Variable Incidence?

This Week’s Hints to help you along:

  • An early aircraft that featured a variable incidence wing.
  • Just one was received for testing — but to which nation’s air force?
  • As always, the tail design can be helpful in identifying the aircraft.
  • The year was 1918 and testing took place starting in February.

So do you know what this aircraft is?




Post a REPLY below with your best guess!

Click here to check out last week’s What’s That?

3 thoughts on “Variable Incidence?

  1. Chris Mayer says:

    OK, I cheated and put the clues into an internet search.

    It is a Lanzius LII, built in NY. There were Army Air Service contracts for two. It never went into production. This is a picture of the second of the two delivered.

    The tail looks very much like Curtis or Rumpler, so that threw me. I spent wasted time looking for Curtis designs in 1918.

  2. Joel Mayhall says:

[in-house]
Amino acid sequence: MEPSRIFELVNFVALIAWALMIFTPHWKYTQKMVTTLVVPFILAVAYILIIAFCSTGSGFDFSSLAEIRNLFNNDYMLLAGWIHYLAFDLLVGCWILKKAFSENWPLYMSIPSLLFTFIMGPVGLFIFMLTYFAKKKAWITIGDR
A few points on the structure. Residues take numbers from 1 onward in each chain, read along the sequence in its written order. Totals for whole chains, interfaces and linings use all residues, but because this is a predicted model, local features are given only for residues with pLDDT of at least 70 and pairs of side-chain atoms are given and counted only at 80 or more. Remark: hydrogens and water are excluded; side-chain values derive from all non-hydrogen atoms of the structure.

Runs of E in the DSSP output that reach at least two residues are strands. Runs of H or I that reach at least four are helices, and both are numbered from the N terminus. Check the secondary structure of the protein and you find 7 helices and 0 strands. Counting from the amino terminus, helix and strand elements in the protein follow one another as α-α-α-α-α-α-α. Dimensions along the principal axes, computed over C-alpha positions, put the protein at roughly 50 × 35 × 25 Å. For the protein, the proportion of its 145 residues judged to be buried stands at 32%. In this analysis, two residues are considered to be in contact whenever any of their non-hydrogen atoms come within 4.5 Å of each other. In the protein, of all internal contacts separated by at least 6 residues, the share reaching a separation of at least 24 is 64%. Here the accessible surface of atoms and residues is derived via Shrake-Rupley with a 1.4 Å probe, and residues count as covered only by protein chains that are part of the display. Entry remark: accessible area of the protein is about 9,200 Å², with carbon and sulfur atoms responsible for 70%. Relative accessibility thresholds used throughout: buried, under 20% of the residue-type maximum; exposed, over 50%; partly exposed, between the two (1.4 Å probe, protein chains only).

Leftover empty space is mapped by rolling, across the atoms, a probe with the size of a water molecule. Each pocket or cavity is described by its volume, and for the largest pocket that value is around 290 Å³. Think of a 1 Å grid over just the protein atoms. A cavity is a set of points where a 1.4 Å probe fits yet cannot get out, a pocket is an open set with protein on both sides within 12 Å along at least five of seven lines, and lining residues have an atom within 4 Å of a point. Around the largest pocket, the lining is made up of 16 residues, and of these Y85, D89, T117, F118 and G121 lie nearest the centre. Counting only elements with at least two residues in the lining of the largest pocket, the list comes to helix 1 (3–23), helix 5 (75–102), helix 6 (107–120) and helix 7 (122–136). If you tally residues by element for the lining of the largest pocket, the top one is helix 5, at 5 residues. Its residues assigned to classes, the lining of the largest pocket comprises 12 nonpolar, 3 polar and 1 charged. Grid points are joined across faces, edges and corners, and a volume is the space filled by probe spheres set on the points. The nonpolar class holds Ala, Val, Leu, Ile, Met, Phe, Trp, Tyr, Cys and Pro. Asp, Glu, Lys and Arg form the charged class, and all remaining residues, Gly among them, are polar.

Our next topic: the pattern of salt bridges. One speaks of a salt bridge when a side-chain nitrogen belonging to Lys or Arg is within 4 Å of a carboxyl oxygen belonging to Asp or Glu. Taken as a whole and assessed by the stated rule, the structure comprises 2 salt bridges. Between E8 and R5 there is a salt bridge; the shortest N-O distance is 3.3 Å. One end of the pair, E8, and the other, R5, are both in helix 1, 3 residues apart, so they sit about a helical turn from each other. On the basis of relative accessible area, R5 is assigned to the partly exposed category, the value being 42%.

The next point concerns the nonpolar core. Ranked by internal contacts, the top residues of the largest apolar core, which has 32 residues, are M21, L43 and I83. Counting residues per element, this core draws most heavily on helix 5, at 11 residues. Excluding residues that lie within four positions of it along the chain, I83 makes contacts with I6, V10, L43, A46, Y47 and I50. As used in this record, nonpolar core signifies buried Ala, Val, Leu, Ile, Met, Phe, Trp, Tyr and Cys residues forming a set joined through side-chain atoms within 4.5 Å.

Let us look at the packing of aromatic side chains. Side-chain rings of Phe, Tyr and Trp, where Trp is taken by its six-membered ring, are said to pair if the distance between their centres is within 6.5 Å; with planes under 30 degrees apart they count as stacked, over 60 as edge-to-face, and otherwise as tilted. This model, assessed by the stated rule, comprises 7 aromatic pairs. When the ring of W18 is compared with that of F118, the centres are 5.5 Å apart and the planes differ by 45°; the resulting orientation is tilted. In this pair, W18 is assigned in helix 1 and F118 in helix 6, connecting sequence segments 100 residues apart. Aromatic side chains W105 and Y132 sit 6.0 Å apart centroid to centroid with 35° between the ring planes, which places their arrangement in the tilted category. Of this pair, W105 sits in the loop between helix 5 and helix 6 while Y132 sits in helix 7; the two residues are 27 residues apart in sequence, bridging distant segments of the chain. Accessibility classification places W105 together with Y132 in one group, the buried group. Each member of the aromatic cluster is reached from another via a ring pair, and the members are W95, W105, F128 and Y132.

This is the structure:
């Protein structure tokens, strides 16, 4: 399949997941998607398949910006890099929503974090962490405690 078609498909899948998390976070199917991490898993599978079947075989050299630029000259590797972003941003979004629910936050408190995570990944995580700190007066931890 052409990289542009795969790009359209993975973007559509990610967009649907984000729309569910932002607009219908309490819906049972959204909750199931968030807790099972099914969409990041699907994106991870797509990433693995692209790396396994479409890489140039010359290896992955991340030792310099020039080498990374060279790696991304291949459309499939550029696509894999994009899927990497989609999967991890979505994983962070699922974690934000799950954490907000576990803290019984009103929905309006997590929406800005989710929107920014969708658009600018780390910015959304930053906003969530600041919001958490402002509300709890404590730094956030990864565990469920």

Here’s a good video of the Armstrong-Whitworth AW-52 flying wing.

    When I was a boy living in Compton, California (between Long Beach and LA) during the latter part of WW2, I saw a Northrup flying wing flying North at a very high altitude. I later found out that Northrop would take their secret planes off to the west over the ocean, then circle south to gain altitude, then fly over LA and land at Edwards (AFB).

    Of interest, I started my flying lessons at Jack Northrop Field/Hawthorne Municipal Airport in 1957. It is a 4956 foot East/West runway which was adjacent to the Northrop Factory with the town to the West and a golf course to the East.. When they had a plane finished and ready to fly, a chain link fence on the west end was opened and all traffic stopped on the four lane road.The plane would then take off with minimal clearance over the golf coarse.


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